Image Keith Hiscock - Sargassum muticum, North Devon. Image width ca XX cm.
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Sargassum muticum is not listed under any importance categories.
|Phylum||Ochrophyta||Brown and yellow-green seaweeds|
|Recorded Distribution in Britain and Ireland||Sargassum muticum has spread along the south coast to the Isles of Scilly and along the north Cornish coast to Lundy. Populations have also been recorded in Strangford Lough, Northern Ireland and Loch Ryan and the Firth of Clyde, Scotland.|
|Habitat information||Grows on hard substrata in shallow waters and can also tolerate estuarine conditions. It can out-compete local species because it is fast growing, can reproduce within the first year of life and being monoecious can fertilize itself.|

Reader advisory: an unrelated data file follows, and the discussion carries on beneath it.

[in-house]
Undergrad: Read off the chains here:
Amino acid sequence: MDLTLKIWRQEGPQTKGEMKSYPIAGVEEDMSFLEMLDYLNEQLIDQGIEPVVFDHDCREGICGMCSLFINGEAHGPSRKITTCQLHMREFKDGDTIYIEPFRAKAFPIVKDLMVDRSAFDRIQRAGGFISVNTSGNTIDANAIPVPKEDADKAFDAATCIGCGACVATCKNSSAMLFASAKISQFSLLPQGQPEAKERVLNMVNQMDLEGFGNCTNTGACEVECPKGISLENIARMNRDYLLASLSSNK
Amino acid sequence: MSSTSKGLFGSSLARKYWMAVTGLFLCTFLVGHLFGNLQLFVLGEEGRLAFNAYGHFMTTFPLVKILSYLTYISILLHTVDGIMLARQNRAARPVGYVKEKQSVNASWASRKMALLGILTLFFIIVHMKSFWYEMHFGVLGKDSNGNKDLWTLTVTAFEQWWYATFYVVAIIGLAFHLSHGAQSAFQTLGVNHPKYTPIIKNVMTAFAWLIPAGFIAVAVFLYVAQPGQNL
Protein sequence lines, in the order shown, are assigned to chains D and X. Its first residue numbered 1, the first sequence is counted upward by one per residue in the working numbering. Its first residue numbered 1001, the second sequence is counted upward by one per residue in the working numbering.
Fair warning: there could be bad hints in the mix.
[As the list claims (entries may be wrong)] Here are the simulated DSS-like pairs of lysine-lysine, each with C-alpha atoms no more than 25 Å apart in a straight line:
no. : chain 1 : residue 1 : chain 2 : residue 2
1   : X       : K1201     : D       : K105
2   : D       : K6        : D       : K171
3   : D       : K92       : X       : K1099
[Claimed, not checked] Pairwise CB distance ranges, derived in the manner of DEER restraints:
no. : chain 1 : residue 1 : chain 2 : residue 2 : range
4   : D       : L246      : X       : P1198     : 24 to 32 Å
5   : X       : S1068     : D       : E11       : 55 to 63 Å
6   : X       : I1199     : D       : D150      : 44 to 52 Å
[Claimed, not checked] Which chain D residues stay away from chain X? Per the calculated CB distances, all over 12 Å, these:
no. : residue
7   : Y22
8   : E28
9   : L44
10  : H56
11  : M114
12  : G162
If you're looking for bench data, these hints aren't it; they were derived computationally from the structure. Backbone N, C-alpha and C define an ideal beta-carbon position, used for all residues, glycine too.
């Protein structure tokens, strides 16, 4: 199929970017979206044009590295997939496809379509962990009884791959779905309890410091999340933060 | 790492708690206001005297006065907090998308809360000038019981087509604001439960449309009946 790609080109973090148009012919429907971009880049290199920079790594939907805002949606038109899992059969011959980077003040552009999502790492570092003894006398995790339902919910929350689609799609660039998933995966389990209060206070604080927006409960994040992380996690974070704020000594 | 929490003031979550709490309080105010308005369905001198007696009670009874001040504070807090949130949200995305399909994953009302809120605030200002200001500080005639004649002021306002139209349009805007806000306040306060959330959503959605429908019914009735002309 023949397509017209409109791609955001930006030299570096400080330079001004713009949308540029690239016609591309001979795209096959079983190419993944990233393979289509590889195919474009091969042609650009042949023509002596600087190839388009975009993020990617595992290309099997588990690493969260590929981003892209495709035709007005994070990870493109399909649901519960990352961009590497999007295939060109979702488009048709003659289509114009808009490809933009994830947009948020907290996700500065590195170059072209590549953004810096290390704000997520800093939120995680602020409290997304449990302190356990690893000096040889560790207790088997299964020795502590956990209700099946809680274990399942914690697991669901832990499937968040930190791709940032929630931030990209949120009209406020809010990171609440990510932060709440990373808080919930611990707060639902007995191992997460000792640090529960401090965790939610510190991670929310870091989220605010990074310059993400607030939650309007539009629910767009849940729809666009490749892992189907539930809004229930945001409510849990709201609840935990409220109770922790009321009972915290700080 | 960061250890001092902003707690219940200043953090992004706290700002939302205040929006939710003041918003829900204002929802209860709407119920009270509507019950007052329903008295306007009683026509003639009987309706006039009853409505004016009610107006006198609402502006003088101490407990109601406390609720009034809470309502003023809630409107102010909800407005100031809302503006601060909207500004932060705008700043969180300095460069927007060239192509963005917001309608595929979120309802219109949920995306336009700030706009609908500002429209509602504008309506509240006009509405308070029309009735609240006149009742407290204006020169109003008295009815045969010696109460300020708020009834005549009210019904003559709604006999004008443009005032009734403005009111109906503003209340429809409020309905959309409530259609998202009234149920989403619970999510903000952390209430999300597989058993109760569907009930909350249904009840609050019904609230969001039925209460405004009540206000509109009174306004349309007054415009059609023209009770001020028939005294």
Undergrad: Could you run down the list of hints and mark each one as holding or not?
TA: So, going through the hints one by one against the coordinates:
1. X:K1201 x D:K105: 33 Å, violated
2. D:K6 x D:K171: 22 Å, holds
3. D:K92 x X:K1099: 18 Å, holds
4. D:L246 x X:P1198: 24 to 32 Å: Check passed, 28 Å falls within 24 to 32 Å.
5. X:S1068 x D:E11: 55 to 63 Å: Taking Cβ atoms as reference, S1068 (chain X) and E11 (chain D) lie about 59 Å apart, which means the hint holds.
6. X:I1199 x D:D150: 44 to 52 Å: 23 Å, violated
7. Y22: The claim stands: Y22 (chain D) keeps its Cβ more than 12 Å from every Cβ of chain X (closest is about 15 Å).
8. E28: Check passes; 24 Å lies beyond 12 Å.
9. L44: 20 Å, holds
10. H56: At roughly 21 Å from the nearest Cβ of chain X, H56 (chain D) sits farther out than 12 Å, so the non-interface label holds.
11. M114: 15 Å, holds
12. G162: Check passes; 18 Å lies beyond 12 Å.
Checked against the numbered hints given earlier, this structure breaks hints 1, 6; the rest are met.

|Description||A large brown seaweed (with a frond often over 1m long), the stem has regularly alternating branches with flattened oval blades and spherical gas bladders. It is highly distinctive and olive-brown in colour. Wireweed is an invasive species from the Pacific that appeared on the Isle of Wight in 1973, having spread to Britain from France. It competes with native species such as seagrasses and is considered a nuisance in harbours, beaches and shallow waters.|
|Additional information||Sargassum muticum is also known as 'Japweed' and 'Japanese weed'.|
This review can be cited as follows:
Paolo Pizzolla 2008. Sargassum muticum. Wireweed. Marine Life Information Network: Biology and Sensitivity Key Information Sub-programme [on-line]. Plymouth: Marine Biological Association of the United Kingdom. [cited 20/06/2013]. Available from: <http://www.marlin.ac.uk/speciesinformation.php?speciesID=4296>